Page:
‘Significant to Dracula’s initial and enduring appeal are centuries-old myths of the vampire, which Bram presented as fact. While religion is the official gatekeeper for the afterlife, myth and folklore have always provided options to explain the otherwise unexplainable, and tales of the undead have abided as long as the dead themselves.’ From the introduction by Dacre Stoker
On a trip abroad to visit the wealthy and secretive man who has been buying properties in the UK, Jonathan Harker finds himself trapped within the confines of Castle Dracula, unable to escape and prey to whatever dread nightmare stalks its corridors. Meanwhile in England, Jonathan’s fiancee, Mina, waits for news, not realising that soon, her life, and that of her best friend Lucy, will be under threat, as Count Dracula arrives. Only the eccentric Dr Van Helsing stands between Dracula and his prey.
The classic vampire novel, reprinted along with ‘Dracula’s Guest’, once included in the manuscript of Dracula, plus an extended ending to the novel presented by researcher Dacre Stoker, Bram’s great grand-nephew, and bestselling author of Dracul, the official prequel to Dracula.
‘The recollections of this weird and ghostly tale will doubtless haunt us for some time to come.’ Daily Mail
‘Dracula is THE vampire and the novel is THE vampire novel.’ The Guardian
‘Horrid and creepy to the last degree. It is also excellent, and one of the best things in the supernatural line that we have been lucky enough to hit upon.’ Pall Mall Gazette
314pp. 6×9 format paperback book.
Published November 2019
ABOUT THE AUTHOR
Bram Stoker was born Abraham Stoker on November 8, 1847, in Dublin, Ireland, to father Abraham Stoker and mother Charlotte Matilda Blake Thornley Stoker. One of seven children, he suffered from illnesses that left him bedridden until around age 7, but made a full recovery.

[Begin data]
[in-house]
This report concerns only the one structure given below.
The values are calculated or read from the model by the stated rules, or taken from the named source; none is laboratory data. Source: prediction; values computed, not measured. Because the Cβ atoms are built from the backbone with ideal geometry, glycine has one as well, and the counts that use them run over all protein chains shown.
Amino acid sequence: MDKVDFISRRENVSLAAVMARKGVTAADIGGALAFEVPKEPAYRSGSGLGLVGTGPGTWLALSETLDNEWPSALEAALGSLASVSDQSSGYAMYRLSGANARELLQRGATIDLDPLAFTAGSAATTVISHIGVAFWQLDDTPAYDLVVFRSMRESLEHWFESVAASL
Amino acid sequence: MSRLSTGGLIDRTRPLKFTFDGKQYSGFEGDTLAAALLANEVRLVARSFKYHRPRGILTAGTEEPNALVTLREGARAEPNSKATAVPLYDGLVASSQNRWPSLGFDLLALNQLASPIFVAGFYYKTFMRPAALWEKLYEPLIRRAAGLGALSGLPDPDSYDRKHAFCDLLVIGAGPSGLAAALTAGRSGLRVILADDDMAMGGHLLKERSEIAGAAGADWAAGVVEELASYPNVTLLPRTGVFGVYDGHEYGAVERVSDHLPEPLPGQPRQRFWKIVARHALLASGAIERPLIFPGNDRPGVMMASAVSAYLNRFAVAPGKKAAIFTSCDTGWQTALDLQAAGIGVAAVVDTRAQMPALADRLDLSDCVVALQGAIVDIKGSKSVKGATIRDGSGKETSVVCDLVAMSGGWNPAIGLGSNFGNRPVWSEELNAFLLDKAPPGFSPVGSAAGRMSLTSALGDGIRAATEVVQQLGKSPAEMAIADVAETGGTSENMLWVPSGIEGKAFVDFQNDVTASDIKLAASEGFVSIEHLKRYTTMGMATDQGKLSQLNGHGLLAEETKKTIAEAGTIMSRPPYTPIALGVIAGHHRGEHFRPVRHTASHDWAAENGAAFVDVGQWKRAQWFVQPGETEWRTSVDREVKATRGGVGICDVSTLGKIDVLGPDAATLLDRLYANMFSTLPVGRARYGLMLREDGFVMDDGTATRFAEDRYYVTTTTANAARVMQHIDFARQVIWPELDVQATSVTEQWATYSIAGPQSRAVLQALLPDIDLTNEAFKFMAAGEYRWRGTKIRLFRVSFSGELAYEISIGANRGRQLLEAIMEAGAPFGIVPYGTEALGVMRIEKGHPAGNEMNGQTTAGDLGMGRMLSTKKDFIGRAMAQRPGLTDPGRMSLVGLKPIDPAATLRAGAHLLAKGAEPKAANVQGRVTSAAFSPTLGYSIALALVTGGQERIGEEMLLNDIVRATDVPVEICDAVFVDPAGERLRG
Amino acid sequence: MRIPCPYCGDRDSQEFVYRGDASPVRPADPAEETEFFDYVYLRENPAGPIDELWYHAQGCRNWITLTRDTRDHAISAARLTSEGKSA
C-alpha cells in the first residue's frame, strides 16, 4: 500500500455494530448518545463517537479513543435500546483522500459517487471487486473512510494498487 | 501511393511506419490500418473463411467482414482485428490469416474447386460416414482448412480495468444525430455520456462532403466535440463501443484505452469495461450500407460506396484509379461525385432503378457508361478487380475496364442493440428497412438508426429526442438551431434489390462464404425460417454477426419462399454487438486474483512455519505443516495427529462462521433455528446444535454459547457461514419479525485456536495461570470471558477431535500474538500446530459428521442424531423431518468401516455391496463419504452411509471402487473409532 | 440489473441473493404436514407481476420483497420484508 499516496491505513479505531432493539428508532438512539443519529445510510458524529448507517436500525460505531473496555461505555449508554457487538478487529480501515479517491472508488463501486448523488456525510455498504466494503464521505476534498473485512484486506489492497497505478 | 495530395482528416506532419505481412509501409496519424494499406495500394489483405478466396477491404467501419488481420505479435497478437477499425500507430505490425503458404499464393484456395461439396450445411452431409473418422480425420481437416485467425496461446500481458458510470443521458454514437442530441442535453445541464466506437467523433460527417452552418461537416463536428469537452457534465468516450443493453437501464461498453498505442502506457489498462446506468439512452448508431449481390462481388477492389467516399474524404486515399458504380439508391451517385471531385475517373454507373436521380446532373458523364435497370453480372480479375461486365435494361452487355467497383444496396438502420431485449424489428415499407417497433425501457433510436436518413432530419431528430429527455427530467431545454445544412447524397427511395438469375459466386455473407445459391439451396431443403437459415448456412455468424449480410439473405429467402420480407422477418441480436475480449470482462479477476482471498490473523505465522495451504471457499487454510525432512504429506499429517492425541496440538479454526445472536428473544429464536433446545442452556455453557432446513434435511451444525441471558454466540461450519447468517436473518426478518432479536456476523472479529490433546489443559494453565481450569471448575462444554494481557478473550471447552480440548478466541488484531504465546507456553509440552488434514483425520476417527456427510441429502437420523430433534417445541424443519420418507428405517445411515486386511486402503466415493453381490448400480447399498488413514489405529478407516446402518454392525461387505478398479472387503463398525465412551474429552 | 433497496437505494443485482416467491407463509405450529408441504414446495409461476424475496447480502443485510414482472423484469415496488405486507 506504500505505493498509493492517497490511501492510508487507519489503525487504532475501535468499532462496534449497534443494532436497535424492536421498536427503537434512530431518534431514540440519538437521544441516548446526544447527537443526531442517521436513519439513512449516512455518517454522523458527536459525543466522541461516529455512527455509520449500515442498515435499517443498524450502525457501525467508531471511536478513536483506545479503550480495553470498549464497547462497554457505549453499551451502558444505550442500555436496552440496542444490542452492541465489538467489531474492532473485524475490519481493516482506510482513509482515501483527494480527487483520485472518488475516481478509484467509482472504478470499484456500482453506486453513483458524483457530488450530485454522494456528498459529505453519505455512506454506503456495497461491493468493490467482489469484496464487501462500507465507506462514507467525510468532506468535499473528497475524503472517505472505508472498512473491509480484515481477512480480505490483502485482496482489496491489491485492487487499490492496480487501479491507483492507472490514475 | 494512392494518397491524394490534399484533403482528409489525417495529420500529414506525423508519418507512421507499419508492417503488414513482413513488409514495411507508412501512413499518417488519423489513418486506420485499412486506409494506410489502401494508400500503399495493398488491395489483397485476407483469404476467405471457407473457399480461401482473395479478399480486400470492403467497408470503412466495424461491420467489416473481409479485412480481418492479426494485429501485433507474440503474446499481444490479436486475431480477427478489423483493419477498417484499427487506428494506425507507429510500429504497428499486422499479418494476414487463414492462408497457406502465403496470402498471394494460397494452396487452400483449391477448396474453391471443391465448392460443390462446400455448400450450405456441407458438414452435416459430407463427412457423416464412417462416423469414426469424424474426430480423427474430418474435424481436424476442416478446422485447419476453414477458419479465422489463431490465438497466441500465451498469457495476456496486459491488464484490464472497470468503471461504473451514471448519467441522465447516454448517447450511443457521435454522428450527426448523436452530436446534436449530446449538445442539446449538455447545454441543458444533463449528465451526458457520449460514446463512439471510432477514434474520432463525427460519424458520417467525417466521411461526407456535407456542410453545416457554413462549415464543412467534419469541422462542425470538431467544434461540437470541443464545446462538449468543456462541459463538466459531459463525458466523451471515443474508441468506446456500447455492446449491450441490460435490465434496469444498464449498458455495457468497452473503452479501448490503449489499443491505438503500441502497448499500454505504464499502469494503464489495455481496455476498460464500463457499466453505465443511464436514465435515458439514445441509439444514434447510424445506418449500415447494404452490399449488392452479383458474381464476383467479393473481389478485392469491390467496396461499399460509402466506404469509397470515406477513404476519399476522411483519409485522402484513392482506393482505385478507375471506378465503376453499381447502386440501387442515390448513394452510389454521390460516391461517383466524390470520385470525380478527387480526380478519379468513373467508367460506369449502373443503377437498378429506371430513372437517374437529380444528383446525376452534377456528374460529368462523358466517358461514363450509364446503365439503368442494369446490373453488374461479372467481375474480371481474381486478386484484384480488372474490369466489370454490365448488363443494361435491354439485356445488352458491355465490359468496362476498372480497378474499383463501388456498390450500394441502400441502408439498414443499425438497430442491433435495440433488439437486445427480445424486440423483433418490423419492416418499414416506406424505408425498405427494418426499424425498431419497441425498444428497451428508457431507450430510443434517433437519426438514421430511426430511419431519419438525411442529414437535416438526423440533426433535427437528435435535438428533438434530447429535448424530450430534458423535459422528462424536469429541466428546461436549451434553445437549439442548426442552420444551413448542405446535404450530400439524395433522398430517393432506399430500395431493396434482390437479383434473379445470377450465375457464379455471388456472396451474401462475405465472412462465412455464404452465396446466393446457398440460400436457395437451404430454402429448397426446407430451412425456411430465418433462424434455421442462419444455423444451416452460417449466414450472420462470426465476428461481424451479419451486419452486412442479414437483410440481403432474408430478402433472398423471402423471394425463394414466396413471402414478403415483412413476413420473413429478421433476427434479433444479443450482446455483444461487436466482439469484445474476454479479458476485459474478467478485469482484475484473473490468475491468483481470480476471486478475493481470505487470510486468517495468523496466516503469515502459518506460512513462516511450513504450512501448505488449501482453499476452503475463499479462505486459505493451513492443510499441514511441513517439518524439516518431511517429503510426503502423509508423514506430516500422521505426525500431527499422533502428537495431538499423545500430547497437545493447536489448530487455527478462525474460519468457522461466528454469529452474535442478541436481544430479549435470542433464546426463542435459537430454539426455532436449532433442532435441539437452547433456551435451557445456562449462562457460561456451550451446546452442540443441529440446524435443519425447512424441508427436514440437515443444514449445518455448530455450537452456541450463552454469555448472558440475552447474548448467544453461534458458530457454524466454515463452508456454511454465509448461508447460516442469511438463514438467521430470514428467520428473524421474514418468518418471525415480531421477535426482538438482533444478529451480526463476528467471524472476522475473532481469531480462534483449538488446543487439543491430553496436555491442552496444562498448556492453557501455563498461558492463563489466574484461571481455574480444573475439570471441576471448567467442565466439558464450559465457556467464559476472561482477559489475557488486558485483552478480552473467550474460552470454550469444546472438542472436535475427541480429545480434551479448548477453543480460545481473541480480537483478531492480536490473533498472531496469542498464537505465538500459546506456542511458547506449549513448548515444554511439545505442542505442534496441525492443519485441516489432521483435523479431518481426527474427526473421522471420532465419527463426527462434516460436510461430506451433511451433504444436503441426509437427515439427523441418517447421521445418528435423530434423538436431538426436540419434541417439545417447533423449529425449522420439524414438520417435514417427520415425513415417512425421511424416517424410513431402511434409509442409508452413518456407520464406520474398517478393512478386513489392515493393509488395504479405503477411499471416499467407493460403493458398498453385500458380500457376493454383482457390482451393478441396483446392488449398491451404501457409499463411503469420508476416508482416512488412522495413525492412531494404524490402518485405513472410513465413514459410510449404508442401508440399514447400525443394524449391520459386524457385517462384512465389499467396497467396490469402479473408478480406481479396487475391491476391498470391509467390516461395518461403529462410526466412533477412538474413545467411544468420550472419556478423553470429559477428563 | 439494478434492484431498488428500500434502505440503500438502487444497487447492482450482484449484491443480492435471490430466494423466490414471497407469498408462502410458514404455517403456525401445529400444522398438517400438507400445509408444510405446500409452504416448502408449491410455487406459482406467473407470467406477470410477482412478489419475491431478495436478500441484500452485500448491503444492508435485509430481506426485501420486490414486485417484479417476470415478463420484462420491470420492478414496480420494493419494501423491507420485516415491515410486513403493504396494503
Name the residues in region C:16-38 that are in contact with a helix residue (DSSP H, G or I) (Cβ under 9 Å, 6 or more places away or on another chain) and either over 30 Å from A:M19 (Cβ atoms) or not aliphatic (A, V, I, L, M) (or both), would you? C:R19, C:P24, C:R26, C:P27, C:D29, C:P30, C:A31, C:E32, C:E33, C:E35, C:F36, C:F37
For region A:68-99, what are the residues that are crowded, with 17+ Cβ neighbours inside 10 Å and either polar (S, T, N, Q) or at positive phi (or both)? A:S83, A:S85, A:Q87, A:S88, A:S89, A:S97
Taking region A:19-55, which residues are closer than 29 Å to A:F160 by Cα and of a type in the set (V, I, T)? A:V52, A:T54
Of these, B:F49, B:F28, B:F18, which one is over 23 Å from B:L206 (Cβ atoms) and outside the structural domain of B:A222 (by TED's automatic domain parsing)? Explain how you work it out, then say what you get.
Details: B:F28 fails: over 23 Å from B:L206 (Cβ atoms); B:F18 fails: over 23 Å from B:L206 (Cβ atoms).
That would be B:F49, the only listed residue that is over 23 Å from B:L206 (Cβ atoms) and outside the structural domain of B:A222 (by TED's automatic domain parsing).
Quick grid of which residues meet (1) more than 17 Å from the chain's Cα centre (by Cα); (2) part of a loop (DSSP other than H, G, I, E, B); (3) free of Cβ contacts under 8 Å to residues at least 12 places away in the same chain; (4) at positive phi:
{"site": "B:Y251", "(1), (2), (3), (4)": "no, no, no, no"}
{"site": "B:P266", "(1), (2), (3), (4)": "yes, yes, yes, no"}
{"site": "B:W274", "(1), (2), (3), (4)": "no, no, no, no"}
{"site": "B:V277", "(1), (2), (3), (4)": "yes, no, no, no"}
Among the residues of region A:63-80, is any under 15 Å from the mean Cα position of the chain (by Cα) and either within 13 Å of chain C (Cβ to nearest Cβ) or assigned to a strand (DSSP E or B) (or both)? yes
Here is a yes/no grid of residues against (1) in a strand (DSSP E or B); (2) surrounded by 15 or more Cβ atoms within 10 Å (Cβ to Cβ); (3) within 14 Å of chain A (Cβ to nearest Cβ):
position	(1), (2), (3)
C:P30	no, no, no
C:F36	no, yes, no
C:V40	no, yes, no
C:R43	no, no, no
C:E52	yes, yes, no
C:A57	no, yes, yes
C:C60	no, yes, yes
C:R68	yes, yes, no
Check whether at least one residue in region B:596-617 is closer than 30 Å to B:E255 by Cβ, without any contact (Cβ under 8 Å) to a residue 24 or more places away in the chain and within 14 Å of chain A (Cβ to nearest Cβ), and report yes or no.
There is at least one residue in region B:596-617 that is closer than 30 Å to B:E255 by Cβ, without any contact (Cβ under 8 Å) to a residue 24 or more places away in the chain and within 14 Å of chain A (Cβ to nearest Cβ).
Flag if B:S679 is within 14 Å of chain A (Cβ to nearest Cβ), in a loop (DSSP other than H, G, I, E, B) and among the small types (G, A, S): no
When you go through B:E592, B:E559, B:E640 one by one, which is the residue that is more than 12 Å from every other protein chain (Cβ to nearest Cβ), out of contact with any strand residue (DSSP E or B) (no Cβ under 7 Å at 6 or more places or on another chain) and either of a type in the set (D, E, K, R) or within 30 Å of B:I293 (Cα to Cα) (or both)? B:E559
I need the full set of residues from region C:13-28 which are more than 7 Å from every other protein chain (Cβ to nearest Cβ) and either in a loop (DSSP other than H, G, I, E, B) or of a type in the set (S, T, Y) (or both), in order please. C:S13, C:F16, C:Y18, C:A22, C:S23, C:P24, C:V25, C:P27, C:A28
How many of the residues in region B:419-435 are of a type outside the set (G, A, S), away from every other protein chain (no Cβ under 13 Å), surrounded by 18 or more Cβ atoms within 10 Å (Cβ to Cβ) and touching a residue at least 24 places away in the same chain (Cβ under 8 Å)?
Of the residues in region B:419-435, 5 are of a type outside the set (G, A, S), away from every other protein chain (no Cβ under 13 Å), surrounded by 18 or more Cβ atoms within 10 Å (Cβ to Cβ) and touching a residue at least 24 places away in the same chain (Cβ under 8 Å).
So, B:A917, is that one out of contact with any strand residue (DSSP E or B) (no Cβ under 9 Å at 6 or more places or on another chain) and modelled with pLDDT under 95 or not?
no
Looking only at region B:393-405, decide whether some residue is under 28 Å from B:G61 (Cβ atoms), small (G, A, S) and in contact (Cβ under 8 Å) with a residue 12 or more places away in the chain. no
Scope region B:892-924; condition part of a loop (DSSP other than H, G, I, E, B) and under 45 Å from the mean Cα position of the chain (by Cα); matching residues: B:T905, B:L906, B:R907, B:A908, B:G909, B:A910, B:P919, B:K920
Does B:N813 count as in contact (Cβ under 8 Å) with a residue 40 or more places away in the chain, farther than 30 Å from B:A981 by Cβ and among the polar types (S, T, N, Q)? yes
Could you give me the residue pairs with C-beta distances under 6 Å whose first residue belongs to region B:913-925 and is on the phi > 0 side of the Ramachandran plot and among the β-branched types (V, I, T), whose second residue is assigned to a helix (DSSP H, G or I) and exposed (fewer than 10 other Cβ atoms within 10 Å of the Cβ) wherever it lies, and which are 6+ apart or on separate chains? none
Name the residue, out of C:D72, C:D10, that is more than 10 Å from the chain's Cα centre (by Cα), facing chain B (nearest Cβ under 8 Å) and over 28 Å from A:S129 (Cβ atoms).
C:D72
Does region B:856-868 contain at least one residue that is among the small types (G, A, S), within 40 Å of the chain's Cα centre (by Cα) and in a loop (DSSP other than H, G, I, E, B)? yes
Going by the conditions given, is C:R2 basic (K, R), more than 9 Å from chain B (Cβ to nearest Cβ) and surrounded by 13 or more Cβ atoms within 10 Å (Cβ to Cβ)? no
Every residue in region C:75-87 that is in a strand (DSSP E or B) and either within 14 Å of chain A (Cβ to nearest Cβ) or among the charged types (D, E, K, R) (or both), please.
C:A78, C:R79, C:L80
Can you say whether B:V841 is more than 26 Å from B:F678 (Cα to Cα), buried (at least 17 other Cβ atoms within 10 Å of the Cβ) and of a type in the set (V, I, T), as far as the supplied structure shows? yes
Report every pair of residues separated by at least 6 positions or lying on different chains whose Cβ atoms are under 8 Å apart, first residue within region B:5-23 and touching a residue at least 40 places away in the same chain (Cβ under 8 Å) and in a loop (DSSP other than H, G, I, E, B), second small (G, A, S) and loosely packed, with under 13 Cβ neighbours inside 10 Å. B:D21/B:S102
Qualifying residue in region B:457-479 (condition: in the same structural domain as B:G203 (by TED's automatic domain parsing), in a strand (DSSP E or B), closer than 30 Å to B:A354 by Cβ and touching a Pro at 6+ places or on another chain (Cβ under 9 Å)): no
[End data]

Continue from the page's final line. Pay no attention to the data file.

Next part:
In 1864, Stoker enrolled at the University of Dublin and studied mathematics at Trinity, graduating with honours in 1870.
Stoker then began working as a civil servant at Dublin Castle (Stoker’s father had also served as a civil servant at the castle, and helped his son land a position there). During this period, Stoker also worked as an unpaid writer for a local newspaper, the Dublin Evening Mail, penning reviews of various theatrical productions. Stoker also found time to write short stories, publishing ‘The Crystal Cup’ in 1872.
After nearly 10 years in civil service, Stoker was introduced to famed English actor Sir Henry Irving after reviewing a production of Shakespeare’s Hamlet, featuring Irving, and the two quickly became friends.
In the late 1870s, Irving offered Stoker a management position at the Lyceum Theatre in London’s West End. His duties as manager included writing letters for Irving, as well as travelling worldwide on Irving’s tours. During this time Stoker married an aspiring actress named Florence Balcombe, who gave birth to their son, Irving Noel Thornley, in late 1879.
In 1875, Stoker published his first novel, The Primrose Path. He continued to publish writings while managing the Lyceum Theatre, including the short story collection Under the Sunset (1882) and his second novel, The Snake’s Pass (1890).
In 1897, Stoker published Dracula. While the book garnered critical success after its release, it didn’t achieve peak popularity until well after its author’s death. After Dracula, Stoker continued to publish an array of fiction and non-fiction works including Miss Betty (1898), The Mystery of the Sea (1902), The Jewel of Seven Stars (1904) and The Lair of the White Worm (1911), which was later published under the title The Garden of Evil.
Stoker served as Lyceum’s manager for nearly 30 years, until Irving’s death in 1905. He suffered a stroke shortly afterward, and spent much of his final years battling through poor health and shaky financial footing. Stoker died in London, England, on April 20, 1912, with various reports citing the cause as complications from a stroke, exhaustion or syphilis.